Frozen Shoulder | Abq
Sports Chiropractic & Massage | Placitas, NM
The Nuts and Bolts of Frozen Shoulder
Your shoulder is made up of three bones that form a ball-and-socket joint. They are your upper arm (humerus), shoulder blade (scapula), and collarbone (clavicle). There’s also tissue surrounding your shoulder joint that holds everything together. This is called the shoulder capsule. In frozen shoulder the capsule becomes so thick and tight that it’s hard to move. Bands of scar tissue form and there’s less of a liquid called synovial fluid to keep the joint lubricated. These things limit motion even more.
The main symptoms are pain and stiffness that make it difficult or impossible to move the shoulder.
With this condition you’ll likely feel a dull or achy pain in one shoulder. You might also feel the pain in the shoulder muscles that wrap around the top of your arm. You might feel the same sensation in your upper arm. Your pain could get worse at night, which can make it hard to sleep.
You’ll typically go through three phases with a frozen shoulder. Each has its own unique symptoms and timeline.
THE FREEZING STAGE
- You develop a pain (sometimes severe) in your shoulder any time you move it.
- It slowly gets worse over time and may hurt more at night.
- This can last anywhere from 6 to 9 months.
- You’re limited in how far you can move your shoulder.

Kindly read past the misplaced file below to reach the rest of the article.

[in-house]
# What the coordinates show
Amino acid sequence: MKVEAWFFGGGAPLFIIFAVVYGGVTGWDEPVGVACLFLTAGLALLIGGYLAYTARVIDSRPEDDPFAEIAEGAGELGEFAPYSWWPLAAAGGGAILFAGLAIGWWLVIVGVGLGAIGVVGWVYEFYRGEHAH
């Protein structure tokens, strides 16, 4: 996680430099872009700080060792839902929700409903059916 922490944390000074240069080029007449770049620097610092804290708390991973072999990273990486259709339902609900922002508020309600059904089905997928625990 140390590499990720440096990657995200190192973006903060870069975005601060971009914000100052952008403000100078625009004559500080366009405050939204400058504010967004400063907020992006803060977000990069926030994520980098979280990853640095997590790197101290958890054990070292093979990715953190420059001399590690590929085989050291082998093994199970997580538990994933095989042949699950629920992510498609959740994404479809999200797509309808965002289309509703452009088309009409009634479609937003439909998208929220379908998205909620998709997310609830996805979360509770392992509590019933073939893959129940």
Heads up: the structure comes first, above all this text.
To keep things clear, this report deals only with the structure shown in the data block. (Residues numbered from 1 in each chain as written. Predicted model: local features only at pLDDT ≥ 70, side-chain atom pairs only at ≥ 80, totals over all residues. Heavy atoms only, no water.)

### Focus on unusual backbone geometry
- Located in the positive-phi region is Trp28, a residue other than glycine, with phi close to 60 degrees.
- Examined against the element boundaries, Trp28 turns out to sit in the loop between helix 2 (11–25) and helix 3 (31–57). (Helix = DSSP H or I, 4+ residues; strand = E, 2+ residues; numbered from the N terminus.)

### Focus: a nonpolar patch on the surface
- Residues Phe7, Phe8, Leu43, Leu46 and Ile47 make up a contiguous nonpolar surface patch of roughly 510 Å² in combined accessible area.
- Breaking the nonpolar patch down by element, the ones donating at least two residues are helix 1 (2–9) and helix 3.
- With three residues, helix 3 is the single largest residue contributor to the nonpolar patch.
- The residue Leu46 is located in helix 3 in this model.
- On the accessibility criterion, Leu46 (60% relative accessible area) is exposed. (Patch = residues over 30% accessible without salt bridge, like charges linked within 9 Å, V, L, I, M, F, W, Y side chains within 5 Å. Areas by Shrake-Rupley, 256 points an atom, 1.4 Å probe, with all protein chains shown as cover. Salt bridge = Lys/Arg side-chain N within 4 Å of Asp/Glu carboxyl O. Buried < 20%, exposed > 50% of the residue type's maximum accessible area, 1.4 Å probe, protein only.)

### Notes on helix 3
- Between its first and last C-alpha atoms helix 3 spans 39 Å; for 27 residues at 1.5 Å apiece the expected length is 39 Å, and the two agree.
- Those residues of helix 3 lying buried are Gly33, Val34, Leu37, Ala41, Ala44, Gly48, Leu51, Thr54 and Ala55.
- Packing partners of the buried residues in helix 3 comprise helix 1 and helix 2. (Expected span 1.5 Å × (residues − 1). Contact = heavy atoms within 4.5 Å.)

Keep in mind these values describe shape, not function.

THE FROZEN STAGE
- Your pain might get better but your stiffness gets worse.
- Moving your shoulder becomes more difficult and it becomes harder to get through daily activities.
- This stage can last 4-12 months.
THE THAWING STAGE
- Your range of motion starts to go back to normal.
- This can take anywhere from 6 months to 2 years.
CAUSES OF FROZEN SHOULDER
It’s not clear why some people develop it, but some groups are more at risk.
Freezing of the shoulder happens more often in women than men, and you’re more likely to get it if you’re between the ages of 40 and 60. Your risk might also go up if you’re in the process of recovering from a medical condition like a stroke, or surgery like a mastectomy that keeps you from moving your arm.
Certain medical conditions can increase your risk too. You may also be more likely to get frozen shoulder if you have diabetes. About 10% to 20% of people with diabetes get frozen shoulder. Other medical problems like heart disease, thyroid disease, or Parkinson’s disease are linked to frozen shoulder, too.
A physical exam is usually enough to diagnose frozen shoulder, but your doctor may also order imaging tests such as X-rays, ultrasound, or MRI to rule out other problems like arthritis or a torn rotator cuff that can also cause pain and limit how far it moves.
A Doctor of Chiropractic can help with the pain and stiffness related to frozen shoulder through a combination of joint manipulation, fascial stretching, massage, and by addressing inflammation in the area. Sometimes dietary changes are necessary to help your body minimize inflammation.